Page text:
Cut|Color|Post

excerpts, quips, and musings on the production and post-production industry, and other stuff of interest

A Collection of Thoughts on the New Mac Pro

If you read too much of the internet you'll start to think there is nothing good about the newly revealed Mac Pro. While it's certainly different, and doesn't cater to all aspects of the "pro" market it may be a really good machine for a large segment of users.

Jon Chappell writing on Digital Rebellion about the recently previewed Mac Pro: 

The cons are not cons for everyone and it seemed like my Twitter feed was split down the middle. It looks like Apple has focused on FCPX as the target application but not really paid much heed to other pro apps people might want to use. I think this is a sign that people at the very high end of the industry may want to look elsewhere for their pro computers, whether that is a Hackintosh or a Windows box.

I think he's correct about this box for Day 1, when it ships. Once it gets into professionals hands I'm sure a plethora of add-ons will spring up in order to address the "pro" shortcomings. I anticipate 12-18 months after it's released the 3rd-party market will surround it with peripherals and make it a viable editing/color grading/compositing option.

Further the worry about OpenCL vs. CUDA is not as big a gap as people are making it out to be. According to David McGavran, Senior Engineering Manager for Adobe Premiere Pro, Adobe's CC version of Premiere Pro will support OpenCL and take advantage of dual GPU:

Premiere Pro supports OpenCL for these cards. We also support Dual GPU rendering in CC.

Or another post by David:

...we don't need to wait until the 17th... We support OpenCL on AMD cards with CC. We also support Dual GPU for rendering. Premiere will max out these systems when the ship.

Additionally, Grant Petty posted this on the Blackmagic forums hours after Apple unveiled the new Mac Pro:

We have been testing with DaVinci Resolve 10 builds and this screams. Its amazing and those GPUs are incredible powerful. I am not sure what I can say as I am only going off what Apple has talked about publicly here in the keynote for what I can say right now, however there is a whole new OpenCL and DaVinci Resolve 10 has had a lot of performance work done to integrate it and its really really fast. Those GPUs are very powerful and have lots of GPU memory so this is the Mac we have been waiting for! We have lots of Thunderbolt products too so video in and out is taken care of. 
Overall we could not be happier!

John Montgomery from fxguide

It’s not for everyone, but upon closer examination, the hardware is nowhere near as bad as the initial (over)reactions from the online world convey. In fact, I’ll go further: it’s definitely not bad. In fact,  it’s great for what I need to do. Get beyond the misguided/misinformed information posted by many on the net, and you’ll likely find it is actually a positive move forward for a majority of creative artists who are currently using OS X. And you don’t have to take my word for it, you already read what some of the software manufacturers have to say about it.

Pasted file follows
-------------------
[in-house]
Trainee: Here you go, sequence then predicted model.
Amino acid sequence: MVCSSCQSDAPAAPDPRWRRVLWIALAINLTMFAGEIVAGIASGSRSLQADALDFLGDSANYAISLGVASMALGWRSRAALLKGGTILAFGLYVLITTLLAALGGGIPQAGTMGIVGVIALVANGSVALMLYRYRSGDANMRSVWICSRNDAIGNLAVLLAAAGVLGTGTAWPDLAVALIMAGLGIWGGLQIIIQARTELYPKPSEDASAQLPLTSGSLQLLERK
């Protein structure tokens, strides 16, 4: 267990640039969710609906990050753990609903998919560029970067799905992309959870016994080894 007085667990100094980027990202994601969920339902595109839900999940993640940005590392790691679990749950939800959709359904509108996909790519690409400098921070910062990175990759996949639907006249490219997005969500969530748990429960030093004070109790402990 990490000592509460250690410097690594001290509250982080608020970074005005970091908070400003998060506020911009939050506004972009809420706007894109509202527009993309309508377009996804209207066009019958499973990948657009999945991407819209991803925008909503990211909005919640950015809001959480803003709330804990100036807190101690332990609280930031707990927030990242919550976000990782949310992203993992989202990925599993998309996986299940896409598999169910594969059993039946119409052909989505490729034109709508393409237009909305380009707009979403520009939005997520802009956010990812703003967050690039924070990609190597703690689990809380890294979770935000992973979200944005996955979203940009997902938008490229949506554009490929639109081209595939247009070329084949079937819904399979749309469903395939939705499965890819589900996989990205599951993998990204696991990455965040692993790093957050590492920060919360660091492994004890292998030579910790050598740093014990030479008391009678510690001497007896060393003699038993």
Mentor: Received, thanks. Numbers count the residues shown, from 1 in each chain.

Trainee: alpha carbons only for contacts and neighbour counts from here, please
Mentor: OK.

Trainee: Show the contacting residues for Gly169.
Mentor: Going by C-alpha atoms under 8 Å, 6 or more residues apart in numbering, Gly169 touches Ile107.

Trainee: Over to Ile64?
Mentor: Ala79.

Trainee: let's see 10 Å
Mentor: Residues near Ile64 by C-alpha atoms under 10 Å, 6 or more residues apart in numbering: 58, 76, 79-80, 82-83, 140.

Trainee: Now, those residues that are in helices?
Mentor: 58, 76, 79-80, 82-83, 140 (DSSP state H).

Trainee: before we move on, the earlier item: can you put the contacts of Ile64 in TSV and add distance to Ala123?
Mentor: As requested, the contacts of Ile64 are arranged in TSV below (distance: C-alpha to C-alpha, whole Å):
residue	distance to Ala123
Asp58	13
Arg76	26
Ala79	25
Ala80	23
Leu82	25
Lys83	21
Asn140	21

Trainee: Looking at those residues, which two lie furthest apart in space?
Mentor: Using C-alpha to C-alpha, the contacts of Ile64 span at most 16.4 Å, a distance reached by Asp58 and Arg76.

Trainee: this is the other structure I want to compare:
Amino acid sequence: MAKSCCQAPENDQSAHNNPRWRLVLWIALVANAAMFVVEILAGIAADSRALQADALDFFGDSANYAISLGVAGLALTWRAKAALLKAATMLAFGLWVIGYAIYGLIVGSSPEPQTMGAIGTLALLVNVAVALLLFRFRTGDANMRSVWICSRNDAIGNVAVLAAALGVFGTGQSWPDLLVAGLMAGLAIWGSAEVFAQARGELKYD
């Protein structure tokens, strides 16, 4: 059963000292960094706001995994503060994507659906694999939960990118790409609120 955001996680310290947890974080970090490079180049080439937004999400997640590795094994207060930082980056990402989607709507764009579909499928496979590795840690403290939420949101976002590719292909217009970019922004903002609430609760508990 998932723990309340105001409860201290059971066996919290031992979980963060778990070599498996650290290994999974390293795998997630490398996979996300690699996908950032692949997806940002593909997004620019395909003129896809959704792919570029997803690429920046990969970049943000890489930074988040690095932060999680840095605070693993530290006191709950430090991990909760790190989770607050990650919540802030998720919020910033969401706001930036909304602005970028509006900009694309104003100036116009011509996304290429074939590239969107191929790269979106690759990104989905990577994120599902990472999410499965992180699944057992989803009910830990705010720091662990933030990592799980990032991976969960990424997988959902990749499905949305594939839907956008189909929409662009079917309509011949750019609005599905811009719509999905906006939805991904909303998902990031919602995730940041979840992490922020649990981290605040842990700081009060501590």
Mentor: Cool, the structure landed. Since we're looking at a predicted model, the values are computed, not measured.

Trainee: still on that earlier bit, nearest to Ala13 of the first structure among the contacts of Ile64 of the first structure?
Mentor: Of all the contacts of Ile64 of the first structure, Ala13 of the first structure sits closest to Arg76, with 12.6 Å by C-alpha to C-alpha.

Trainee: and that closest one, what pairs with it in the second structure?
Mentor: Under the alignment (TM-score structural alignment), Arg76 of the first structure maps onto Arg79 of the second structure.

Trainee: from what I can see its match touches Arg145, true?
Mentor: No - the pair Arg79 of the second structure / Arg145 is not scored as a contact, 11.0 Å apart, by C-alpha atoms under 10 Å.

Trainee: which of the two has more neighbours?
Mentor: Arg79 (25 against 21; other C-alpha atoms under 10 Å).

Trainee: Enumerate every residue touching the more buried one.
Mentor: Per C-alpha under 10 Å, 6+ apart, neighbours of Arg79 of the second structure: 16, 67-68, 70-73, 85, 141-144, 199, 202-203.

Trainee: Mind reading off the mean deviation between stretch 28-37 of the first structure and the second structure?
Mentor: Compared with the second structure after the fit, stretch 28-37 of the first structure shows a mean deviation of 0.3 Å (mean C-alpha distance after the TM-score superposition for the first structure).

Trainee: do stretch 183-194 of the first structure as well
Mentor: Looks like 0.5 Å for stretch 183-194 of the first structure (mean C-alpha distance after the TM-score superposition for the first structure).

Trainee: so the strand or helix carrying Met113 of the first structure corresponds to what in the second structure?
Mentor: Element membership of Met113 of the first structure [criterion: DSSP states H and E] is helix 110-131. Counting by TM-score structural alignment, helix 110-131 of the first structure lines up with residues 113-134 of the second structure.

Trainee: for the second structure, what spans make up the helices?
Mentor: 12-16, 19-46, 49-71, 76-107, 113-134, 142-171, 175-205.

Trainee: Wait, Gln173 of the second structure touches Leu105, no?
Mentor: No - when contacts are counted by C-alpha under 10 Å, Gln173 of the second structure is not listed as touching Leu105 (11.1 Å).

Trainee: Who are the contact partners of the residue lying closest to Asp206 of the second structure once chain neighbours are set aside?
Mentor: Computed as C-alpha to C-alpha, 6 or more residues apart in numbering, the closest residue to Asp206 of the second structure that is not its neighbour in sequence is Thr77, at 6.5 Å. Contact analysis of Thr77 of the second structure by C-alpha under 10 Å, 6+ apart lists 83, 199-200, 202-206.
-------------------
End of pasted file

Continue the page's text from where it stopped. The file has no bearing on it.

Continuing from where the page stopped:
Scott Simmons writing on Pro Video Coalition

Love it or hate it the new Mac Pro does show that Apple hasn’t forgotten about us “pro” users entirely. Pros aren’t just video pros and while this new Mac Pro might be best suited to the graphics pro or pro photographer a lot of editors will get good use out of the thing, me included. And Apple will, of course, optimize Final Cut Pro X for this new machine and they said so. Whenever I use a new iMac or a new Macbook Pro I can feel the speed advantages they have over my old Mac Pro. While we have no idea of this new Mac Pro’s price I know I’ll also have to spend money on things like new Thunderbolt RAID storage, some video I/O gear, most likely a portable Thunderbolt or USB3 drive or two and a smattering of adapters. Whatever that cost is it’s going to cost most of us old Mac Pro stragglers a good bit more than the list price. I better start saving now.
My $.02: This product doesn't fit into my workflow on Day 1. Software will need to be updated, expansion chassis purchased, cards moved over to expansion chassis, and drivers written to support said chassis in order to support this new machine and its architecture. I'm sure the computer will be successful for Apple. It just doesn't scratch the itch of my particular workflow....yet.